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Daily Record: Retailers are popping up at new Legg Tower


Posted on November 21st, by Trout Daniel & Associates in Articles, News. No Comments

J.S. Edwards has forgone selling its signature suits at its 1,600-square-foot-space in the Legg Mason tower in Harbor East. The clothier is selling casual wear.

It has the high ceilings and warehouse fixtures of an Urban Outfitters store — but for once it’s actually more for function than design.

The new J.S. Edwards store in Harbor East’s Legg Mason tower isn’t going urban after 27 years in Pikesville. But the high-end men’s clothier is the latest Baltimore area shop to join in the “pop-up” store trend.

“We thought it would be a great opportunity to test the harbor waters, so to speak,” owner Edward Steinberg said Wednesday. “The people in the Legg Mason building are our customers. And it’s not just locals; we wanted to see what the tourist traffic would be. … It’s a neat way to introduce yourself to a market that is not familiar with you.”

Pop-up stores have become popular in New York City in recent years, and began making their way south in numbers last holiday season. Some stores only open for a few days — such as Target’s three-day stint in Washington, D.C.’s Georgetown last December — and some stay several months.

The J.S. Edwards in Harbor East opened in June and will close on Sept. 1. In the 1,600-square-foot-space, the clothier has forgone selling its men’s suits — the main attraction at its 3,000-square-foot Pikesville location — in favor of selling its casual wear.

“It’s a great model because of the buzz and energy created when a space is constantly changing,” said Christopher Janian, development manager at H&S Properties Development Corp., which is developing the $3 billion Harbor East project with Struever Bros. Eccles & Rouse. “The idea of having a store or exhibit whose term is finite creates a sense of urgency.”

The J.S. Edwards store is not the first incarnation of this space that looks out on the traffic circle fed by busy President Street. Before this it was home to a 25-year retrospective exhibit and show by Baltimore-born artist Marque Cornblatt. During the holidays the entire, 7,300-square-foot storefront space was shared by five retailers: dresscode by Gita, Doubledutch Boutique, Di(e)ce Boutique, Shine Collective and Patrick Sutton Home.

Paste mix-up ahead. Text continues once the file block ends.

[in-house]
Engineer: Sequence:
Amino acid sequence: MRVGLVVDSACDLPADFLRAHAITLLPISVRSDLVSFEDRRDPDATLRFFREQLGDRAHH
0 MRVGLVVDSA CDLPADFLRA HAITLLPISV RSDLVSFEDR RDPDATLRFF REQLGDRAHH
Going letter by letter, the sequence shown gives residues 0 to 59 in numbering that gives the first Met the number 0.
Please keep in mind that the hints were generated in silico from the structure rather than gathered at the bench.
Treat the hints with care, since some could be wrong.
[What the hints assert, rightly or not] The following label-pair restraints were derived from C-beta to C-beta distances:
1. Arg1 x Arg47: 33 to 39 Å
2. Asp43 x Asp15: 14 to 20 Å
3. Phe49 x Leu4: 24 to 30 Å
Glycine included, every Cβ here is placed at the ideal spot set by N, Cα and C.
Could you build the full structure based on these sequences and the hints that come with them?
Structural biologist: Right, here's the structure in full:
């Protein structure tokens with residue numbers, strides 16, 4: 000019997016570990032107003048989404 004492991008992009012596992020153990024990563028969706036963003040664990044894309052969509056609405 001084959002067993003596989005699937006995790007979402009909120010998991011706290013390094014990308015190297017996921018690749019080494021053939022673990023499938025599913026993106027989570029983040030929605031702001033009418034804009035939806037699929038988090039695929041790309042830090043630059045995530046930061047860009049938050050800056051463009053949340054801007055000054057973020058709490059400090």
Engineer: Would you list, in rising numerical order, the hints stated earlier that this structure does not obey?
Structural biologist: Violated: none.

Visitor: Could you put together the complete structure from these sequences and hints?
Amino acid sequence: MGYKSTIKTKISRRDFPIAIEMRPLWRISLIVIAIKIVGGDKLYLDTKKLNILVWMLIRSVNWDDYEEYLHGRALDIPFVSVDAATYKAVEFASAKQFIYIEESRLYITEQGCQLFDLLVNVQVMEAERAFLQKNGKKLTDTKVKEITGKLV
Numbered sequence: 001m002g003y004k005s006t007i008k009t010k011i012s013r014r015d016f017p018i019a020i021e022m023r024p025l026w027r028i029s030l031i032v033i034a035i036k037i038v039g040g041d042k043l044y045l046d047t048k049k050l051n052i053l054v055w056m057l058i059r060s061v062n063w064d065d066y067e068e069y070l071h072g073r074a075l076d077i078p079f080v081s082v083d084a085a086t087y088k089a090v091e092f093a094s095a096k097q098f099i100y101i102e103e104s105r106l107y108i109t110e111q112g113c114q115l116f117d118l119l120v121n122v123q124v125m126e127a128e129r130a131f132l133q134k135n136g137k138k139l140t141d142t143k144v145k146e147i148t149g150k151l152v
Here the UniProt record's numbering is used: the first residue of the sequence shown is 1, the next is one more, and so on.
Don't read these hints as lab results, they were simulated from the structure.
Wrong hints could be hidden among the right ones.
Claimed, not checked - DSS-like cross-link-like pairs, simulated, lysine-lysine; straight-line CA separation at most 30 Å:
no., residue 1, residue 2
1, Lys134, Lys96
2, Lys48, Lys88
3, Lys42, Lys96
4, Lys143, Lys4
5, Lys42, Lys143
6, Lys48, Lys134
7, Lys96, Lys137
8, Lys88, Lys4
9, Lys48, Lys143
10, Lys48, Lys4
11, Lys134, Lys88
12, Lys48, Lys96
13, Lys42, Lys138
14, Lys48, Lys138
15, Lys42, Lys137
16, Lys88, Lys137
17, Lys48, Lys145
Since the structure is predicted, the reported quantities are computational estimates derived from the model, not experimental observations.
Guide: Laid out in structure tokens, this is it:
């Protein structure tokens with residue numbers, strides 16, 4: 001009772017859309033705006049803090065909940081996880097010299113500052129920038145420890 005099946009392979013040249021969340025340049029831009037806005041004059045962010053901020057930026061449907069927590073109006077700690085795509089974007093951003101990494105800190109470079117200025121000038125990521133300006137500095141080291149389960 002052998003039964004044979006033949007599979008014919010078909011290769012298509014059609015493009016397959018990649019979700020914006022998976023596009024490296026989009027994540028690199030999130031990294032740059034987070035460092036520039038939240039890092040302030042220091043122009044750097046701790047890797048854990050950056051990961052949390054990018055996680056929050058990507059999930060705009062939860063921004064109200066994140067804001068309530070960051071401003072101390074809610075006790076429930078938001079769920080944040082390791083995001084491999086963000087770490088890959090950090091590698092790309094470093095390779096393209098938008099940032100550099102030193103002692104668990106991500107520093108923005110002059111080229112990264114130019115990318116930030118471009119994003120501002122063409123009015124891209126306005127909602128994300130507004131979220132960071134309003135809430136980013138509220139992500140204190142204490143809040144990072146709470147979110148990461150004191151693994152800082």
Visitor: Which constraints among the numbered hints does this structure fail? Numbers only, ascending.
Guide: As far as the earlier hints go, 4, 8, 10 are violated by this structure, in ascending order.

The leases are percentage-based, meaning the retailers’ rent is based on a percentage of their sales. The building owner also has a right to recapture the space should it find a permanent tenant. The pop-up store also lets the landlord and the retailer try out their respective products at minimum risk, making it a win-win, said Trout Daniel & Associates Principal Rene Daniel, who helped broker the deal for J.S. Edwards.

“It gives [Steinberg] a look to see whether sportswear would work for him in Harbor East,” Daniel said. “And it gives the landlord a chance to see if that kind of retail works for that space.”

So far, the foot traffic and sales haven’t been overwhelmingly spectacular for the clothier. But they haven’t been poor, either, said Steinberg.

“The tourist season has been OK, but unfortunately the heat has hampered us a bit,” he said. “When it’s 100 degrees out, nobody wants to come out of their hotel room.”

Next door to J.S. Edwards (or on the other side of the curtain hanging from the ceiling), Patrick Sutton Home has enjoyed the space so much the owner stayed on after the holidays and has expanded its pop-up footprint to take up the remainder of the storefront.

After eight years in a Federal Hill townhouse, the retailer and interior design shop has closed its storefront there in favor of trendier — and roomier — waters. According to sales associate Vicki Hopkins, Sutton is looking for a permanent home in Harbor East to house its retail and interior design business (which is still in Federal Hill).

“There’s just more people here and if you have a bigger audience you’re bound to make more sales,” Hopkins said.
Janian said H&S Properties is looking for a permanent tenant to fill the space, but with its appeal as a pop-up storefront, he can afford to be selective.

“It’s really getting the right mix in there so the feeling is not like that of a mall, it’s more like the SoHo shopping experience where it really creates a destination,” he said.

This article was orginally published in the Maryland Daily Record.

 

Published on: July 29, 2010

By Liz Farmer




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